A veteran of a private driving school in Greeley, Booker decided to augment her substitute teaching income by starting Eagle Valley Driver Training. Since she was opening a private school, she had to submit a curriculum to the Colorado Department of Revenue. Other than that, instructors don’t need formal certification.
Booker also serves as a state-certified tester, which means many of her students take their driving tests from her, then present proof they’ve passed to the driver’s license offices in Glenwood Springs or Frisco.
“Sometimes I hold that over them,” Booker said. “I let them know they have to take their tests from me, and I can revoke their learner’s permits if I need to.”
Does it work?
Are kids safer drivers for taking 30 hours of course work? Ogden isn’t sure.
“I hope it helps,” she said. “I’ll come across kids who were in my classes and they’ll say, ‘I had an accident, but I wasn’t doing what you taught me.’ So they don’t necessarily apply it, but they are learning it.”
One recent student thinks Ogden and Booker are doing fine.
Kelly Lemon of Eagle-Vail took her driver’s ed course from Ogden and her license test from Booker. She had kind words for both.
“There’s a lot of information in class,” Lemon said. “You really learn the basics.”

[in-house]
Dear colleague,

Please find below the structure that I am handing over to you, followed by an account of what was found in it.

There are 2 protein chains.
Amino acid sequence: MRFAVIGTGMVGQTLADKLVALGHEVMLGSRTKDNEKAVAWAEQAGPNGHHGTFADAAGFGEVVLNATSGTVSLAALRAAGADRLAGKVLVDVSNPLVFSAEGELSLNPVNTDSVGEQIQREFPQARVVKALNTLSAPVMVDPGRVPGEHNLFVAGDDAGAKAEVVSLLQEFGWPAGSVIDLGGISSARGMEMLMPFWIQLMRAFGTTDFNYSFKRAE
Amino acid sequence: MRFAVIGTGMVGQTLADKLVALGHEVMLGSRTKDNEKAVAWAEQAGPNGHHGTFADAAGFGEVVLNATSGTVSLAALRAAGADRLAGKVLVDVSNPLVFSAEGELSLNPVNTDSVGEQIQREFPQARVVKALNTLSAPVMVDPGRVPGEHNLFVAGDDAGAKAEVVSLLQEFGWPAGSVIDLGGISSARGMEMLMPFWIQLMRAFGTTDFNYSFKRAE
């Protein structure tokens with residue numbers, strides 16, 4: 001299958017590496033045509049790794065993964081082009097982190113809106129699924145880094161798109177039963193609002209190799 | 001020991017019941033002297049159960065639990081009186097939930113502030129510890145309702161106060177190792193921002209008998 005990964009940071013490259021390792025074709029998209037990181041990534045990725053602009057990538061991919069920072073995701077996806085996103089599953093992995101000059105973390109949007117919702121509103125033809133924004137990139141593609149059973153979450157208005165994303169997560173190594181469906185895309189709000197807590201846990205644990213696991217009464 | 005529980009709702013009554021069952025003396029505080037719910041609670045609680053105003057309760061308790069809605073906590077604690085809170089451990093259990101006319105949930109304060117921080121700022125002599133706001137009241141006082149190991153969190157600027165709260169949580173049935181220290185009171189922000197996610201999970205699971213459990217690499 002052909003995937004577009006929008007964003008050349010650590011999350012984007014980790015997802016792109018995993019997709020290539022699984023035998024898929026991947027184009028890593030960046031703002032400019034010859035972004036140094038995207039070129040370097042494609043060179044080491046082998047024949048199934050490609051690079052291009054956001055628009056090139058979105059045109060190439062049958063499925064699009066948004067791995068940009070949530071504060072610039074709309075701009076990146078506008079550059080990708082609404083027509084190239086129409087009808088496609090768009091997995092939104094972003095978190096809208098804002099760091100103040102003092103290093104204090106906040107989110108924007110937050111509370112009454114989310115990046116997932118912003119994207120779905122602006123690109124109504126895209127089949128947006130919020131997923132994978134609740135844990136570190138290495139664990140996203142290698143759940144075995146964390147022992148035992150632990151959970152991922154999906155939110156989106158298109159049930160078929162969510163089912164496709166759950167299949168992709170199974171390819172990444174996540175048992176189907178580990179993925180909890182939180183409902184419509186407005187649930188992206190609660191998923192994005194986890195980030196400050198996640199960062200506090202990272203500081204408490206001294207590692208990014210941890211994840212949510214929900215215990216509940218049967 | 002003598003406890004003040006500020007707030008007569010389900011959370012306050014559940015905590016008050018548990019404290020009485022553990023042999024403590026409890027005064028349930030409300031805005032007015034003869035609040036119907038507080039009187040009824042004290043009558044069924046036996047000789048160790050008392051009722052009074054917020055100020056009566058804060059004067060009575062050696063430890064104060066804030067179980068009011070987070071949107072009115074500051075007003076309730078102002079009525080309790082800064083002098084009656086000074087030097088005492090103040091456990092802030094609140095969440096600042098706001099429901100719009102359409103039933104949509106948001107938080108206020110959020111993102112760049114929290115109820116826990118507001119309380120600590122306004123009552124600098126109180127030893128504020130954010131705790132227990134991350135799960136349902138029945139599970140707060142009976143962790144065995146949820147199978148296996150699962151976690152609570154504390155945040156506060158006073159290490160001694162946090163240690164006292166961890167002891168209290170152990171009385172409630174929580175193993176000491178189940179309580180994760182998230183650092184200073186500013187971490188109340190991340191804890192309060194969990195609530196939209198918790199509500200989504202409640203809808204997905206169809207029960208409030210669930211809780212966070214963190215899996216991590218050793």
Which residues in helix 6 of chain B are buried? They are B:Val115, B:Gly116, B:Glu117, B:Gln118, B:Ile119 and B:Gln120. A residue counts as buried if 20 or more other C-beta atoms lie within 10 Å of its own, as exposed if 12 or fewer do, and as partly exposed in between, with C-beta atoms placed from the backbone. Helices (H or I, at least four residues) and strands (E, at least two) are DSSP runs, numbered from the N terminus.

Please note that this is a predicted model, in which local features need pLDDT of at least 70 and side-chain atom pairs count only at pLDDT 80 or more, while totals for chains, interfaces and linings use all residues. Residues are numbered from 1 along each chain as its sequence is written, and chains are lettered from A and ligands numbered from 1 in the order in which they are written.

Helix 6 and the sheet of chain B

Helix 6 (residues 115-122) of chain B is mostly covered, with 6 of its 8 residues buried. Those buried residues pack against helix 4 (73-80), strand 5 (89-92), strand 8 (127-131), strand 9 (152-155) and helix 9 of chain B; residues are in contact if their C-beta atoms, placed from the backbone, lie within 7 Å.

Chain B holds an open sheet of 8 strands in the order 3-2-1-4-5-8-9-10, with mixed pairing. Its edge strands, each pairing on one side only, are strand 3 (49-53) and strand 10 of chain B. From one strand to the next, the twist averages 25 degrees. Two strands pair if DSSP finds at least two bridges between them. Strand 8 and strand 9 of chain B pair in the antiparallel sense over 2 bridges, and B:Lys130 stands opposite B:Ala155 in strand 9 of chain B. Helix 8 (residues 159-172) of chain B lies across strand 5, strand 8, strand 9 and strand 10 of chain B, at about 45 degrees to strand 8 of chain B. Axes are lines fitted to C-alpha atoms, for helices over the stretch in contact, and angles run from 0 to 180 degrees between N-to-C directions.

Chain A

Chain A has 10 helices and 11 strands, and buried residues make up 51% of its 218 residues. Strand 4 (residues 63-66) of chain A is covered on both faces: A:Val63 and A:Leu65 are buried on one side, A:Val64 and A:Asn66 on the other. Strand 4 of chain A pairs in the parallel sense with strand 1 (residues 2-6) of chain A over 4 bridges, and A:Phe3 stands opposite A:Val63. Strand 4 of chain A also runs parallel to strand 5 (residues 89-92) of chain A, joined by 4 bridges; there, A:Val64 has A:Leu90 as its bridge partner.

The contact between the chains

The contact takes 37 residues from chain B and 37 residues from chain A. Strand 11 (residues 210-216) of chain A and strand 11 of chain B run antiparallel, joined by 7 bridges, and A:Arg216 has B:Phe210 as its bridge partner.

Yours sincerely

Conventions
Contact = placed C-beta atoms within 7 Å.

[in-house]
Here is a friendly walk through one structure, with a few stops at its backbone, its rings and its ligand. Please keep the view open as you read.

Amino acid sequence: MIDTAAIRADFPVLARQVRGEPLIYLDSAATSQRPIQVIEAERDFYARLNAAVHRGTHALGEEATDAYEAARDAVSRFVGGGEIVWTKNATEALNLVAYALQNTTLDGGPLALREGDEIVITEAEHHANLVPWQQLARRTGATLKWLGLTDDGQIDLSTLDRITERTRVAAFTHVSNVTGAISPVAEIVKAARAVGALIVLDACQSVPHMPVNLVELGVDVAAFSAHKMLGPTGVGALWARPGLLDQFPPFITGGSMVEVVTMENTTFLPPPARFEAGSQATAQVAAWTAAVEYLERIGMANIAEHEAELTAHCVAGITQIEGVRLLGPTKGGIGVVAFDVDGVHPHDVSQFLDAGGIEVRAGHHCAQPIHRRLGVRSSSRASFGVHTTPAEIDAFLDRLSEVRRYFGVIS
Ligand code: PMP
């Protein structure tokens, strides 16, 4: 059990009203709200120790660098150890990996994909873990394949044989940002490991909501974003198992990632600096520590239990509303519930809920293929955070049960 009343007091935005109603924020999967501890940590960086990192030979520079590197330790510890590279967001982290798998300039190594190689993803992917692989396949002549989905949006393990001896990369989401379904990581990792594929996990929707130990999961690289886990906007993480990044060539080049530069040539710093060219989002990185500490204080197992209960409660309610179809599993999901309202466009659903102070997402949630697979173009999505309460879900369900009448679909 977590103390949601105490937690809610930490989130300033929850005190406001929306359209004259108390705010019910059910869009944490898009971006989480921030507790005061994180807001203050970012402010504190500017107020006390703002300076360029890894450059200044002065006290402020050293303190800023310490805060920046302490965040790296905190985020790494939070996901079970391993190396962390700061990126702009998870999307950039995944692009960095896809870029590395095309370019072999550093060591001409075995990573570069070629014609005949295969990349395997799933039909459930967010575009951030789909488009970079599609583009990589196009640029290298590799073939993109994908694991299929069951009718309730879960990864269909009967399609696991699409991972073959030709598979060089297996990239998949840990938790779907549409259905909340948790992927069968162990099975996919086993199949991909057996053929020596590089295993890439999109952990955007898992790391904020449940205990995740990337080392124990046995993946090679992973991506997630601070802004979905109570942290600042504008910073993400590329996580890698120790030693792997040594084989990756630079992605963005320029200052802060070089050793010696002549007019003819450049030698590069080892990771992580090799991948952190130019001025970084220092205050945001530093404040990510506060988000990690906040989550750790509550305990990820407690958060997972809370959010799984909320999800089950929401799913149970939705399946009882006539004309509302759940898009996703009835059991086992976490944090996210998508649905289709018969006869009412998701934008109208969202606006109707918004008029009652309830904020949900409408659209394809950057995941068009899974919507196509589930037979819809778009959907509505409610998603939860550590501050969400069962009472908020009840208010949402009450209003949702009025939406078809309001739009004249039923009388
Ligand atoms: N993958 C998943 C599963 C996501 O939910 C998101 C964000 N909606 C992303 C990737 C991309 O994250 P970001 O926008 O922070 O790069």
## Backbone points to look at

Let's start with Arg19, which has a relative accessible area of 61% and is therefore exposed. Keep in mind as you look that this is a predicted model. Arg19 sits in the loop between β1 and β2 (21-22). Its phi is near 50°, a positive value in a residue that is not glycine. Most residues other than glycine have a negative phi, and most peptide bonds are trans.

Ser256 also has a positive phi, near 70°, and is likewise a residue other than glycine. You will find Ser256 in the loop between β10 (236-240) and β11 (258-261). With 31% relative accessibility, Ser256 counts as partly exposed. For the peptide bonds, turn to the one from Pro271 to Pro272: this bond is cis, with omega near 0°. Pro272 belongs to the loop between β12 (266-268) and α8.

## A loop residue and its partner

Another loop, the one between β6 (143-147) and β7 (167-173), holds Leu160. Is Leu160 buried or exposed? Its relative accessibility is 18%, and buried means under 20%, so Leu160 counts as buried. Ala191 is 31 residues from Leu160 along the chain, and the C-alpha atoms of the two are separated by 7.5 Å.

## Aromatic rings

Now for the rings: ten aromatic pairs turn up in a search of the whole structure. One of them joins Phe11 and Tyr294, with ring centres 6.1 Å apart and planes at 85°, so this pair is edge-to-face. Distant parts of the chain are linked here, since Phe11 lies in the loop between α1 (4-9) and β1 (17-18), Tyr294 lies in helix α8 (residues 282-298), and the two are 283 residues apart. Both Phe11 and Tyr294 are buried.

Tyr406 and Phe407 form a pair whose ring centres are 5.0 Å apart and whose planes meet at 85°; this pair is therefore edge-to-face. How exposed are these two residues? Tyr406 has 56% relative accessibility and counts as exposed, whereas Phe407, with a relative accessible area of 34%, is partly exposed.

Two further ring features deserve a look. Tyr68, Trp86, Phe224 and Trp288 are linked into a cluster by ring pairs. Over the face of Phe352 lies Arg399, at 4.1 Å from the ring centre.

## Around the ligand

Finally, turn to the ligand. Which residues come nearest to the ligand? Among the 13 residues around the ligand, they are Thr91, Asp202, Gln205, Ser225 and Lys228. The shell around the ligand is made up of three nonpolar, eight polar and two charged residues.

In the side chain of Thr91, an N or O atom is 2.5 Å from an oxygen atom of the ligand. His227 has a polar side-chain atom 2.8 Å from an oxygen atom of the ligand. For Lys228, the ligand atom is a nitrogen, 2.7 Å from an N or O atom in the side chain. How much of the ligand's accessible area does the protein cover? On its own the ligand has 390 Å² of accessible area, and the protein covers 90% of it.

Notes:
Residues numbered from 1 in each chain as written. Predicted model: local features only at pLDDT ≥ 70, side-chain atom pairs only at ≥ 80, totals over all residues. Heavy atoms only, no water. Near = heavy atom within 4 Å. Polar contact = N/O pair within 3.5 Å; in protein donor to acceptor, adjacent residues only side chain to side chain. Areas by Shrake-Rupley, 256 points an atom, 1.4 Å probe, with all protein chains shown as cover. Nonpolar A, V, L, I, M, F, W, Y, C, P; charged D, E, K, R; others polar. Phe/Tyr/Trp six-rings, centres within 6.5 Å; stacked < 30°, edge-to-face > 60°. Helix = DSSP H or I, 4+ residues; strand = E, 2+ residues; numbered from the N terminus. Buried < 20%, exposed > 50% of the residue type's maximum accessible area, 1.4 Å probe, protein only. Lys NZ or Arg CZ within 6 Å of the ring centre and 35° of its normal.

Lemon, whose right arm is paralyzed because of an auto accident when she was younger, was especially grateful to Booker, who was willing to make some adjustments to the driving test to accommodate her. “She was real patient and understanding, and willing to work with me,” Lemon said.
Ogden and Booker both said they wish they could work with more students.
While both can have full classes at times, both wish driver’s education could go back into the high schools. Citing the Littleton example, Booker said with tuition and a sponsorship or two, driver training could be a self-supporting program.
While there are some kids who take a “whatever” attitude into and through the courses, Booker said driver education is worth the time and money.
“The statistics say we’re reaching kids,” she said, noting that kids who take driver training are less likely to be in accidents, evident by the lower insurance rates a certificate of completion from a course will earn.
Mostly, though, both Ogden and Booker work with youths because they like it. If some of what they say works, so much the better.
The following are questions from the final exam in Jackie Ogden’s driver education course
– The number of points you need to accumulate for your minor’s license to be suspended is:
a) Six points in 12 consecutive months.
b) 12 points in six consecutive months.
c) Six points in six consecutive months.
d) Seven or more points for the period of the license.
– If you are under 17 years old, who is required by law to wear seatbelts while you are driving?
a) You and your front seat passenger.
b) You and any child under 10 years old.
c) You and everybody else in the car.
d) You and your parent or guardian.
– What is the blood alcohol content of a person under 21 years of age that would be presumed to be driving under the influence?
Answers: d, c, b
To learn more about driver’s education in the valley, call Colorado Mountain College, (970) 569-2900, or Eagle Valley Driver Training, (970) 949-8235.